I was at a dinner lecture the other night and somehow found myself across the table from a pharmacist who works for Boehringer Ingelheim. She was with one of their medical liaisons. I don't recall how we got on the topic of managed care, but at one point she asked a colleague and me how much time we spend on prior authorizations a day. I said an hour, sometimes two. Just that day, I had to do at least four and each one can take anywhere from 10 to 30 minutes, sometimes longer.
We complained (as I have in previous posts) about how ridiculous and redundant some of the questions are, about how unnecessary it is to repeatedly get authorization for drugs that had previously been approved, and how arbitrary the rules are. I told her all about an authorization for one of their drugs that had been denied that very day.
She stated that although she is relatively new to her current company, she has been working in her field for many years, and it was her opinion that managed care companies want physicians' feedback on the prior authorization process. I would have laughed at how ludicrous that statement was had I not been annoyed at how it represented yet again that the industry has no idea what it's like to practice medicine in today's healthcare system.
So I said to her, no, they do not. They don't want our feedback. They have nothing at all to gain by hearing us tell them that we object to them interfering with the physician-patient relationship. They will not profit from us telling them that patients should not be forced to change their medications annually as the formulary coverage changes. If they really wanted our feedback, there would be survey questions at the end of every prior authorization. There never is.
She insisted that they (the managed care companies) do want our feedback, and that they (the pharmaceutical companies) can relay our concerns to the insurance companies. Oh, really? Prior authorizations are the direct result of collusion between the pharmaceutical industry and the insurance industry. So I highly doubt that the pharmaceutical companies want to be involved in this at all.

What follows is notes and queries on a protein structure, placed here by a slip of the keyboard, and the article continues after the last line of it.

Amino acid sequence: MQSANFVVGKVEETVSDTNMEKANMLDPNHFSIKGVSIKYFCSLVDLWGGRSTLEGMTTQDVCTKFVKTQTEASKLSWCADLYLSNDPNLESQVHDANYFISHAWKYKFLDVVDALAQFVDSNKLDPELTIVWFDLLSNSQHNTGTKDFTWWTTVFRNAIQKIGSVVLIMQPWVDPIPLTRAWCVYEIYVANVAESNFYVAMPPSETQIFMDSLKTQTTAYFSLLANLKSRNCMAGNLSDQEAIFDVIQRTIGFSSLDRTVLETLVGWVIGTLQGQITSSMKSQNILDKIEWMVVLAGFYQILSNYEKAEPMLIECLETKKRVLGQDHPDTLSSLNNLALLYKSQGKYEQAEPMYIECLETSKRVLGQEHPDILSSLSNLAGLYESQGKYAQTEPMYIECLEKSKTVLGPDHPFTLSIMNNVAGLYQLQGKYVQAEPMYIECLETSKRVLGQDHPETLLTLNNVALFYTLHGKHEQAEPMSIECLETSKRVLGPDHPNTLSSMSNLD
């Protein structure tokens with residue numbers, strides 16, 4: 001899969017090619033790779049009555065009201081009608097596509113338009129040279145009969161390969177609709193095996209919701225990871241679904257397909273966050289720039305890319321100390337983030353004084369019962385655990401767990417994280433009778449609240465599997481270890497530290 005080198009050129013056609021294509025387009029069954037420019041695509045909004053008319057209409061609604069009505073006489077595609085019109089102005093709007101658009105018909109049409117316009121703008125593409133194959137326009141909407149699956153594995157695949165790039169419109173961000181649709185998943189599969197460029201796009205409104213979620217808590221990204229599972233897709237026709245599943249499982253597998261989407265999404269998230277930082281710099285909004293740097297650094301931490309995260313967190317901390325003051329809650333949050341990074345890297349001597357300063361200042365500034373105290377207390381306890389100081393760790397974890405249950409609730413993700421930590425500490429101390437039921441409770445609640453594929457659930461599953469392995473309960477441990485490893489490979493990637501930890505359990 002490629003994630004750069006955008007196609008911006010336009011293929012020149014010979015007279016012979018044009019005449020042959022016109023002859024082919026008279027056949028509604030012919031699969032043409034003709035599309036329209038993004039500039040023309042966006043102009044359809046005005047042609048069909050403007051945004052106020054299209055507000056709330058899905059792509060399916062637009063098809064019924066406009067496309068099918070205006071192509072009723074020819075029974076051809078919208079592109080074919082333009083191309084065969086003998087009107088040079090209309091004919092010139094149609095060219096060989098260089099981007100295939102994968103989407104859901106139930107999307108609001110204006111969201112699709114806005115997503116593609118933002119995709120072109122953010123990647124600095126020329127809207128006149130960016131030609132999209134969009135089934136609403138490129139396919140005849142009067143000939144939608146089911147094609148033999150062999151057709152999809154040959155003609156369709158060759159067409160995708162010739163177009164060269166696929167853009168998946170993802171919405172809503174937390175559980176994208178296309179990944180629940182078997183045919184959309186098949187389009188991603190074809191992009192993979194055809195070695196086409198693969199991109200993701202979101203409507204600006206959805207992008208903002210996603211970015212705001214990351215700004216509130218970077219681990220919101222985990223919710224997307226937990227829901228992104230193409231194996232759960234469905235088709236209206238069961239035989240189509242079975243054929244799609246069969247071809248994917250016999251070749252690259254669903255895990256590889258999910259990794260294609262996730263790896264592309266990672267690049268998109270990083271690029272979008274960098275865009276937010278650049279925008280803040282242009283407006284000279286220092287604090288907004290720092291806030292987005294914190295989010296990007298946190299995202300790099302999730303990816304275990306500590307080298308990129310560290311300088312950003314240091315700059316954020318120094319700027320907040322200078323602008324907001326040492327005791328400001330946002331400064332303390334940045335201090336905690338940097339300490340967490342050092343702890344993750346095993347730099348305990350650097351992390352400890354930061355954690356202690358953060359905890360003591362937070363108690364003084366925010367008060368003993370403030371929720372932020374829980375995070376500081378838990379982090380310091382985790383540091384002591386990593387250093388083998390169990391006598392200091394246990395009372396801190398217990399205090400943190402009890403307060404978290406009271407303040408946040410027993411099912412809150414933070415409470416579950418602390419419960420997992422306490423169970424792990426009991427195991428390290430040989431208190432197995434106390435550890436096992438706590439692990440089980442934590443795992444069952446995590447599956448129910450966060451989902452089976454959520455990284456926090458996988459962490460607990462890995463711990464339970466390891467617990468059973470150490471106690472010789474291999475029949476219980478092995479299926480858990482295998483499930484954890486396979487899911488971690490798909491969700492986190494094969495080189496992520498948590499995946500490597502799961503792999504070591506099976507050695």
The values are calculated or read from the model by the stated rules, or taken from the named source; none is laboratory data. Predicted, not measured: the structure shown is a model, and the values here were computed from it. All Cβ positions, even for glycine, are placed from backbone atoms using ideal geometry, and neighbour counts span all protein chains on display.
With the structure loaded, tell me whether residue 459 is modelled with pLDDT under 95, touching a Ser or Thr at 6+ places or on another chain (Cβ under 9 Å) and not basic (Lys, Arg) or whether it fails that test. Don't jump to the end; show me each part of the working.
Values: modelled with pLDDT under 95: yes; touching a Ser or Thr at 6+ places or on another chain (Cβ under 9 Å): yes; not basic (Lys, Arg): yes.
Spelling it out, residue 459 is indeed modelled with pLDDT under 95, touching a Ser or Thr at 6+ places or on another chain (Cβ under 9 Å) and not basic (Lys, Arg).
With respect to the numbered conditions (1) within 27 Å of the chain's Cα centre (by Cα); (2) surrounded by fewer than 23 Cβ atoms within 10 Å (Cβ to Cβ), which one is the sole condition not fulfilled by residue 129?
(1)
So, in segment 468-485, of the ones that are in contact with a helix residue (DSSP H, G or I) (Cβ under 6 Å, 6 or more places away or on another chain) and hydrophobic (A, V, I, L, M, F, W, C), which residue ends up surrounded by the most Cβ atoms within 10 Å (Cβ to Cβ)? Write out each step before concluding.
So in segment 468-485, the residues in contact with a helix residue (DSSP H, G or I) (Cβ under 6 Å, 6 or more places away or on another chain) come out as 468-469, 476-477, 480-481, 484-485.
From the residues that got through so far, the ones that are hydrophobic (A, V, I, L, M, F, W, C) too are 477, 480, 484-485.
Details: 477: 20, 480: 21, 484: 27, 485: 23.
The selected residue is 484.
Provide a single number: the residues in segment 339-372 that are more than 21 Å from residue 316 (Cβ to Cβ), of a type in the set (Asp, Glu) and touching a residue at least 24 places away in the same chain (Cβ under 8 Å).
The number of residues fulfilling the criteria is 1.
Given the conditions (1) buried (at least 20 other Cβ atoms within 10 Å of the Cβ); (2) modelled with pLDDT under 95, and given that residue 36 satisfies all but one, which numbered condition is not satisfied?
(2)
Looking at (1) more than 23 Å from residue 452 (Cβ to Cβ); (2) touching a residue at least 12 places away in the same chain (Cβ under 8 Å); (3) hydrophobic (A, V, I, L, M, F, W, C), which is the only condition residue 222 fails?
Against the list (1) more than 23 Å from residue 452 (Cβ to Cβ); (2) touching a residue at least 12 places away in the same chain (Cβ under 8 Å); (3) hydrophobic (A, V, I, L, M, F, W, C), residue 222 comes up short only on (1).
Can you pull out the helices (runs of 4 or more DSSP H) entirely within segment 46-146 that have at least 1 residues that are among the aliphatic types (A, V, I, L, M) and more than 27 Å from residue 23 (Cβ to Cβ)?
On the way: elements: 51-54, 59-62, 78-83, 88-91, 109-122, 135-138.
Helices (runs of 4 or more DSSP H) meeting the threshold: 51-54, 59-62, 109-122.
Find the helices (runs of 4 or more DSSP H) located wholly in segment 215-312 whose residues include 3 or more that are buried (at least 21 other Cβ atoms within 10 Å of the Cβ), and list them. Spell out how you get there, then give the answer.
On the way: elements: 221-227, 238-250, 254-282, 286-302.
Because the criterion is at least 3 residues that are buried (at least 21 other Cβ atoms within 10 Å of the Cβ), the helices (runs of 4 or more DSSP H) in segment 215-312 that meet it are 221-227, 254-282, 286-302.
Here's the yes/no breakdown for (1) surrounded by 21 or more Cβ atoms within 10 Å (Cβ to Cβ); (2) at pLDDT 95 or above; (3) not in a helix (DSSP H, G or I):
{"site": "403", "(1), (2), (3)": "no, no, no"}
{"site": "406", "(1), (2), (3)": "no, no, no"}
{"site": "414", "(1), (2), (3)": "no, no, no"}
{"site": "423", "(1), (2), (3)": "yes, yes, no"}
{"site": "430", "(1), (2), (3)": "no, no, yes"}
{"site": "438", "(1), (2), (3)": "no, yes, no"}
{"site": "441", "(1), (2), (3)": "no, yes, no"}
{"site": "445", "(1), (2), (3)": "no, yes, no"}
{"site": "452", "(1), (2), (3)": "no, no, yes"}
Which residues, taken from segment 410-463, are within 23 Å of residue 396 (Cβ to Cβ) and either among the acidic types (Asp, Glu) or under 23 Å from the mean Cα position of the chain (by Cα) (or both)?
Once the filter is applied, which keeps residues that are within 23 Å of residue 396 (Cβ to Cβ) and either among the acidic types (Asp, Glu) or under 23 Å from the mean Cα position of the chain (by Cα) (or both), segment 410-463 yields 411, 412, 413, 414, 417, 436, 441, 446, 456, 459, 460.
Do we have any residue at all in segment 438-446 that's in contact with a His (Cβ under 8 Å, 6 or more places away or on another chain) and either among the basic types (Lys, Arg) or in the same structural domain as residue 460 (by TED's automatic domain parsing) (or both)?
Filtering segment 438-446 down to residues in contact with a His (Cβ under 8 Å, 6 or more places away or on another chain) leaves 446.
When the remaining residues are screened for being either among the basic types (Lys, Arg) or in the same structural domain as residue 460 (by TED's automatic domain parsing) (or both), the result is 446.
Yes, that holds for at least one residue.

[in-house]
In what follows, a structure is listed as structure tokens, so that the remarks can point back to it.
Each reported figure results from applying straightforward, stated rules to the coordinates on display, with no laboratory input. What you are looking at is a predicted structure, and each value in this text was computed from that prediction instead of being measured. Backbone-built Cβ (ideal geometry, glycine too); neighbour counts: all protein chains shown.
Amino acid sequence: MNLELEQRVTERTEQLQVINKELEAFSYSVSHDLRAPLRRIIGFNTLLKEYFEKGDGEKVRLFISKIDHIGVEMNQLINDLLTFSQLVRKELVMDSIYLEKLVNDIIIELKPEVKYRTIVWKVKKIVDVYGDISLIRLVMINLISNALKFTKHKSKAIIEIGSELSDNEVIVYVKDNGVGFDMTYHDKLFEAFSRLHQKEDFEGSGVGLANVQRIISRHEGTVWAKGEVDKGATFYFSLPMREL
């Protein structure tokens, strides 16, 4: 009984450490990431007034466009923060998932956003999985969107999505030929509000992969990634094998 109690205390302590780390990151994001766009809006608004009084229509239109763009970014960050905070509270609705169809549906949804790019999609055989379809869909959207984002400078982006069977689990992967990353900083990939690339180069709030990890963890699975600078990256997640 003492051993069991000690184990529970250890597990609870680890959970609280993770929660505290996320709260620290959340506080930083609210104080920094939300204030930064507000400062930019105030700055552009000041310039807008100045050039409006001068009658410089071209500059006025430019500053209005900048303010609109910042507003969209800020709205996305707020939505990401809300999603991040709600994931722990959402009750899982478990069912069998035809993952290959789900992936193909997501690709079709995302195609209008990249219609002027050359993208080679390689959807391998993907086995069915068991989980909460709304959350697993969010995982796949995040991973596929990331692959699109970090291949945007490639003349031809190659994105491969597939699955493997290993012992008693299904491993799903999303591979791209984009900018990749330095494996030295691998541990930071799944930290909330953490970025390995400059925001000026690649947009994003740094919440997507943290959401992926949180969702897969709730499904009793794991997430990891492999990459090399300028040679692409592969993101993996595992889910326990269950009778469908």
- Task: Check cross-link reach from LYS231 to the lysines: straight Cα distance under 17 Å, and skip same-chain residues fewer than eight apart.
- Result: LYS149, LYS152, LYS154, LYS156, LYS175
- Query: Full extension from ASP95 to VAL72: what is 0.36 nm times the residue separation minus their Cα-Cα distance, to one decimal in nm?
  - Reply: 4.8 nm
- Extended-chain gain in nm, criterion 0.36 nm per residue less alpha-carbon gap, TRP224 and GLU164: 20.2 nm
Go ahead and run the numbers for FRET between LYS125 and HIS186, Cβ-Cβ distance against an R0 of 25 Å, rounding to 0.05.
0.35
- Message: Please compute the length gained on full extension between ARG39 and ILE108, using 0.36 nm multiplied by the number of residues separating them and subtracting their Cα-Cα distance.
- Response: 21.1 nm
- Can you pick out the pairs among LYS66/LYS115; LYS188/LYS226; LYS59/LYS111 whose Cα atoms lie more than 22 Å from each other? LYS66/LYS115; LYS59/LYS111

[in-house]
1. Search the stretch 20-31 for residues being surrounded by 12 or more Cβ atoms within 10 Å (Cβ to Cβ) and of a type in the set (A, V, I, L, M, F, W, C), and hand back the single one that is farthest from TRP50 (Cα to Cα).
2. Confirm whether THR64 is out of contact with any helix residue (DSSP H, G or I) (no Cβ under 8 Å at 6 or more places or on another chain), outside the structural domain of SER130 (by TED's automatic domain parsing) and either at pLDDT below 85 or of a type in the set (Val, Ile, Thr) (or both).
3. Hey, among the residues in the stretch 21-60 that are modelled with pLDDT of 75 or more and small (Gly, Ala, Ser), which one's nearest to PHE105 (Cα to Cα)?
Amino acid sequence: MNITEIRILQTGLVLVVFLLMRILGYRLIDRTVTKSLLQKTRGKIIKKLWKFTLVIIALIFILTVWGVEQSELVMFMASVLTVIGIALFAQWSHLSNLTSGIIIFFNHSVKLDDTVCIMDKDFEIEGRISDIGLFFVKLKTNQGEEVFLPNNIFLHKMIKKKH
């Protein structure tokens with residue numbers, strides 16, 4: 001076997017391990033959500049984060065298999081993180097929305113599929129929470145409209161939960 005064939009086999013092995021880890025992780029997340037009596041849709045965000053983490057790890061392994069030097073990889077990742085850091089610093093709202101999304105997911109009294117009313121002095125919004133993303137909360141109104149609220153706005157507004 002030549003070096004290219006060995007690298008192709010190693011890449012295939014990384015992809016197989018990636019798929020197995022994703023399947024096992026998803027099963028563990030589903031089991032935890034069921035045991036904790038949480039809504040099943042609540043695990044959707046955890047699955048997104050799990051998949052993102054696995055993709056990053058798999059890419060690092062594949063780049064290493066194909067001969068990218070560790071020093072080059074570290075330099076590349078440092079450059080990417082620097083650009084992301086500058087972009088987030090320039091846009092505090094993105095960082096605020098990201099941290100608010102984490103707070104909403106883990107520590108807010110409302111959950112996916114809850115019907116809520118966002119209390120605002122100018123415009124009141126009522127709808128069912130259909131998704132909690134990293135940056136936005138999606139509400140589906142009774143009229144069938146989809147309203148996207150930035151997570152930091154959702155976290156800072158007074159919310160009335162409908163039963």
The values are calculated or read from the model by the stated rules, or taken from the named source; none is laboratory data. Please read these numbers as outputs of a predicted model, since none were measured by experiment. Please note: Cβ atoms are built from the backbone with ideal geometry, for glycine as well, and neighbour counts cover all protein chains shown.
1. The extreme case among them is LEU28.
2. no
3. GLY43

So her brilliant (insert sarcastic tone) suggestion was that we call the medical liaison with specific examples every time we do a prior authorization that seems out of line. Really? Are you serious?
So, after spending 15 minutes trying to get a prior authorization, you want me to take more time out of my day, more time from direct patient care to call the medical liaison and give him all the details of what transpired? She said they needed specific examples. Even the liaison who was with her knew she was wrong. He pointed out, that we just gave them specific examples (while maintaining patient privacy of course, no names were mentioned). She said that in order for them to go back to the managed care companies with our grievances, they needed examples.
So I asked her, "No one has ever talked you about these problems before?" It was a simple yes-or-no question. She refused to answer that question. I asked her three times, and each time, she evaded it. She had to. Because there is no question that she has heard these complaints before. I'm pretty sure it's why she asked the original question. Every poor untrained soul who has to answer the phone and ask the prior authorization questions has gotten an earful from a physician or his staff at one point or another. And so if those calls are "recorded for quality assurance", then you know that they know how unhappy we are. And there's no drug rep who hasn't heard the gripes. And how many blogs and physician surveys and articles do we need about physician frustration before they have enough "examples" of how displeased we are?
So, Miss industry pharmacist, I am not going to call your medical liaison with each and every PA problem. Just take this article back to the office with you. Oh, yeah, I forgot. They don't really care. I just do this for catharsis.
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